To be eligible, a team must have at least as many wins against FBS opponents as it has total losses, except that a team may count one win against an FCS team that has given out at least 90% of its allowed scholarships over the past two years. There are two exceptions to this; a conference champion is always eligible to play in a bowl game where the conference has a contract that requires its champion to play in that game, and a team that is 6-6 in its regular season but loses a conference championship game is bowl eligible. (The first time this happened, to UCLA in 2011, this was not in the NCAA bylaws, but the NCAA granted UCLA a waiver, and the exception appeared the following year.[1])

If, as happened in 2015, there are more bowl game openings than eligible teams, then additional teams can become eligible. They are divided up into four groups; all of the teams from a group must be chosen (or decline a bowl bid) before teams from the next group can be chosen. The groups are:

  1. A team that does not have a "counted" win against an FCS team, but beat an FCS team that did not meet the 90% scholarship requirement, and would have been bowl eligible had that game counted.
  2. A team that plays 13 games in its regular season and has a 6-7 record.
  3. A team in the second year of an FCS to FBS transfer "probationary period" that would have been eligible had it been a full FBS member.
  4. If there are still bowl openings remaining, they are given to teams with a 5-7 record in order of their four-year football Academic Progress Rate (APR).

Note that, in groups 1-3, the teams can be chosen in any order, and the bowl games choose the teams; however, in group 4, they must be chosen in APR order, and each team chooses the bowl game in which it will play.[2]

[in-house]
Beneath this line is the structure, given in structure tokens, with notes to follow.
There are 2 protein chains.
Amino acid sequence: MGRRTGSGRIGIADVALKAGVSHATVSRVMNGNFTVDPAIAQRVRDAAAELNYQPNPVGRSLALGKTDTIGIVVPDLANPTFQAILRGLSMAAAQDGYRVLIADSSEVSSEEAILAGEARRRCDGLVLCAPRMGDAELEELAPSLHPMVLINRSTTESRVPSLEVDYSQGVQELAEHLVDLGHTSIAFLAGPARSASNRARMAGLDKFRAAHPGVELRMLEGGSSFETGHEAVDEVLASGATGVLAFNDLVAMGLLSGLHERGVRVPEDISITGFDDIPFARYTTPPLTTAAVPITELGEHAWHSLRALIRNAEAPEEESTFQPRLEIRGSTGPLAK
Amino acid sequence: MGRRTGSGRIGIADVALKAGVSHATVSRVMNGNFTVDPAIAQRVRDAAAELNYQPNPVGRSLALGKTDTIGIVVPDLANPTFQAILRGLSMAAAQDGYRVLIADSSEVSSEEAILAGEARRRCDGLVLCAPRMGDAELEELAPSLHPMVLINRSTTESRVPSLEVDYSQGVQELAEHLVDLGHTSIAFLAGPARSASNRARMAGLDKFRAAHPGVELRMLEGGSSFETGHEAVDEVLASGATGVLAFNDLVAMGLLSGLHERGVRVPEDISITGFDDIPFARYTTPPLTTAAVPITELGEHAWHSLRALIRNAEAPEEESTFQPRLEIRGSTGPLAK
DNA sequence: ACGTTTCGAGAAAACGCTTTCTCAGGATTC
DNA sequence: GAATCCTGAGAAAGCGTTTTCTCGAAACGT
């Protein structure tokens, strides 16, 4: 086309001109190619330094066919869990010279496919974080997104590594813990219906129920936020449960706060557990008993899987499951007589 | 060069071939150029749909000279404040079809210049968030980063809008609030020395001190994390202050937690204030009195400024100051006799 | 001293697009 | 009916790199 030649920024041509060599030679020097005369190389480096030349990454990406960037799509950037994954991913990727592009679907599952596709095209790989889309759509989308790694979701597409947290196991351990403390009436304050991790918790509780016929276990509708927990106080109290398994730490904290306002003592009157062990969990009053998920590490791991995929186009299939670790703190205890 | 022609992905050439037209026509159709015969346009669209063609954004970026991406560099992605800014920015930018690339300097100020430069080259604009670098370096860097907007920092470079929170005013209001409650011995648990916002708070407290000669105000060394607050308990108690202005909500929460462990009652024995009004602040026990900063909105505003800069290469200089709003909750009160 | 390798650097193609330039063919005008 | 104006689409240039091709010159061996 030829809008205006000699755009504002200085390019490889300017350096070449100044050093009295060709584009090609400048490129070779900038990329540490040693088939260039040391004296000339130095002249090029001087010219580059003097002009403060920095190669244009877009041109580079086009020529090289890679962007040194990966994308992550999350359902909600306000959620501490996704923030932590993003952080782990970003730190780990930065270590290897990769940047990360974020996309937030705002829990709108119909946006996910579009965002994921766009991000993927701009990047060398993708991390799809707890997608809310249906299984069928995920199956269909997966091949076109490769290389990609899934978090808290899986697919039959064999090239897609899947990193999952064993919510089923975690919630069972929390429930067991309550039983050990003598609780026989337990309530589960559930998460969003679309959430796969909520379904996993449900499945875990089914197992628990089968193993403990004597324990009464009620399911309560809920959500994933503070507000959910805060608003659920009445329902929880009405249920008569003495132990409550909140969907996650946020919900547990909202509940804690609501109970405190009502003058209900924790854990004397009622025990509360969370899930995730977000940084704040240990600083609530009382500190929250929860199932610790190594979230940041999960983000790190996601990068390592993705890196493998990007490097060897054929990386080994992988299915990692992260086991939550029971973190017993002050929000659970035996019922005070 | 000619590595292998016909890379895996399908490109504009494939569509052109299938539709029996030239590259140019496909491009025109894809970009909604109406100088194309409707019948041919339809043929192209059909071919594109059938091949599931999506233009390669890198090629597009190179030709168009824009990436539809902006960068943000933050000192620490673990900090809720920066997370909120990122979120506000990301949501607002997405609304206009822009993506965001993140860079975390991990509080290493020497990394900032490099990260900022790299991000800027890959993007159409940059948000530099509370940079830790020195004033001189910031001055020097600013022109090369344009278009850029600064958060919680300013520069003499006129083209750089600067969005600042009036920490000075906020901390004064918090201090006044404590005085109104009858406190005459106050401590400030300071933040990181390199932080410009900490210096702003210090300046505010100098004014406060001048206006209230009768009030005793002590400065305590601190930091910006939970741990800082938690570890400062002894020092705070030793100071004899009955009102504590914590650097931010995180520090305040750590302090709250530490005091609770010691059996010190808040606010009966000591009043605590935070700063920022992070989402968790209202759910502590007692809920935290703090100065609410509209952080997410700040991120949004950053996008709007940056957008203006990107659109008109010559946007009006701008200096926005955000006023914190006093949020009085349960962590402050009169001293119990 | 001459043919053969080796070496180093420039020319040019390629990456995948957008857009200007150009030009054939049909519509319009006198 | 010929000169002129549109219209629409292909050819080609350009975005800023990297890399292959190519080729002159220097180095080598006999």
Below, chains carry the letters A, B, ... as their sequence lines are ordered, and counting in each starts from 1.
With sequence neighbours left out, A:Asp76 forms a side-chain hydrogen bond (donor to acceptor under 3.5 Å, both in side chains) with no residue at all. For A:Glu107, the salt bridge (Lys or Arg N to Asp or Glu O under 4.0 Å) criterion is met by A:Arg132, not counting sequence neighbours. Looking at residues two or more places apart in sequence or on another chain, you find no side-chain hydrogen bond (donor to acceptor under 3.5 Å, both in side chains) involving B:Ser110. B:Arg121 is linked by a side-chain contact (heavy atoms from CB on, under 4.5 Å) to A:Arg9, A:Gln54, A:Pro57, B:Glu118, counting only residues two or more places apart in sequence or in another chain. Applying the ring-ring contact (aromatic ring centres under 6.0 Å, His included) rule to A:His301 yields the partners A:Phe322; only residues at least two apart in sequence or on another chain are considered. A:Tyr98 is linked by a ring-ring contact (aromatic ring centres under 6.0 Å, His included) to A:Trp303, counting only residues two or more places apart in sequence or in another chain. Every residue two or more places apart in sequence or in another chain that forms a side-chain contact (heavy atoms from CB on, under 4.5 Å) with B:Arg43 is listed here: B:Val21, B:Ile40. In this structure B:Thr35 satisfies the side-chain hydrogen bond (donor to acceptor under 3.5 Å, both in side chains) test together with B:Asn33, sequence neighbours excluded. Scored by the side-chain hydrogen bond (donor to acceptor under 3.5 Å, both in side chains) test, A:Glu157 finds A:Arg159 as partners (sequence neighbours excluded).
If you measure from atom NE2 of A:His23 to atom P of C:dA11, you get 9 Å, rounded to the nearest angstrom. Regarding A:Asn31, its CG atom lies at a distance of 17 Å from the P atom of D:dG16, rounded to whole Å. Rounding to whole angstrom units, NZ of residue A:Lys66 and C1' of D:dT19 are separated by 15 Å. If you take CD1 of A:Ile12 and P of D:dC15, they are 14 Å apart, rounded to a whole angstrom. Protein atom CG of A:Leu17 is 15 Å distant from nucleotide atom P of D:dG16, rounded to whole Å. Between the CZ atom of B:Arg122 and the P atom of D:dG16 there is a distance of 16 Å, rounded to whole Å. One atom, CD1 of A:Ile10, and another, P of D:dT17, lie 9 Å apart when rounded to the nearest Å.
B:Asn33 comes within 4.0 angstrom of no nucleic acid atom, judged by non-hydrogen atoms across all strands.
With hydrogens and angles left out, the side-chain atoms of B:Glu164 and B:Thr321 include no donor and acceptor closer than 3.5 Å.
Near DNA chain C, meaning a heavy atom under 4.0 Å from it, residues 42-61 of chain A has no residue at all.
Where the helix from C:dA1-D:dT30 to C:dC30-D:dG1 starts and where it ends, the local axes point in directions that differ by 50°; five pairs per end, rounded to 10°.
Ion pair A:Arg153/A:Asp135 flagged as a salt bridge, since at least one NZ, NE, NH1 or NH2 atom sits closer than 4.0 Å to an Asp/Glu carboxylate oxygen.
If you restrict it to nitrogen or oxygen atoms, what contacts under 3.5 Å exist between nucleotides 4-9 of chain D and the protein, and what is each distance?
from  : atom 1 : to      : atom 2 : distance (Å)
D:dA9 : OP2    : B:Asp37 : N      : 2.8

A rule change for 2010 allows bowls to tender a bid to any team with a 6-6 record before teams with more than six wins.[citation needed] Previously, a bowl with an at-large bid to fill was required to select the remaining team with the best record over a 6-6 team that would have been more financially attractive in terms of bringing more fans to the respective bowl.

Records vs. selection order[edit]

The contracts specify that the respective bowl committees receive a certain choice of teams. It should be noted that the selection order lists show below (#1, #2, #3, etc.) indicate only the order in which the respective bowl committees make their selections. The choices are typically not predicated on end-of-season rankings or actually final regular season records/standings. For example, a bowl with the "# 3 pick" from a particular conference does not mean necessarily it has to select the "third place team" from that conference. When it becomes that committee's turn to pick, it may pick any of the remaining teams from that conference (with respect to the aforementioned eligibility rules detailed above).

A committee may select one team over another due to geographical proximity, travel ability for the fanbase, or other factors. Bowls may chose to "skip" teams in order to avoid regular season rematches, or perhaps bowl rematches from the previous season. In various cases, bowls have embraced a particular team(s) participating in same bowl in two consecutive seasons, but may shy away from inviting them for a third consecutive season. However, in most cases, the order loosely follows the general order of the regular season records/rankings.

Some conferences have special selection parameters written into their contracts with specific bowls — for example, the Citrus Bowl is contractually obligated to select the winningest Big Ten and SEC teams that do not make a CFP game (semifinal or New Year's Six Bowl), or a team within one win of the winningest in its conference. The MAC's bowl contracts require that both division champions, if eligible, receive bids to one of its five contracted bowls.

2016 Order of selection[edit]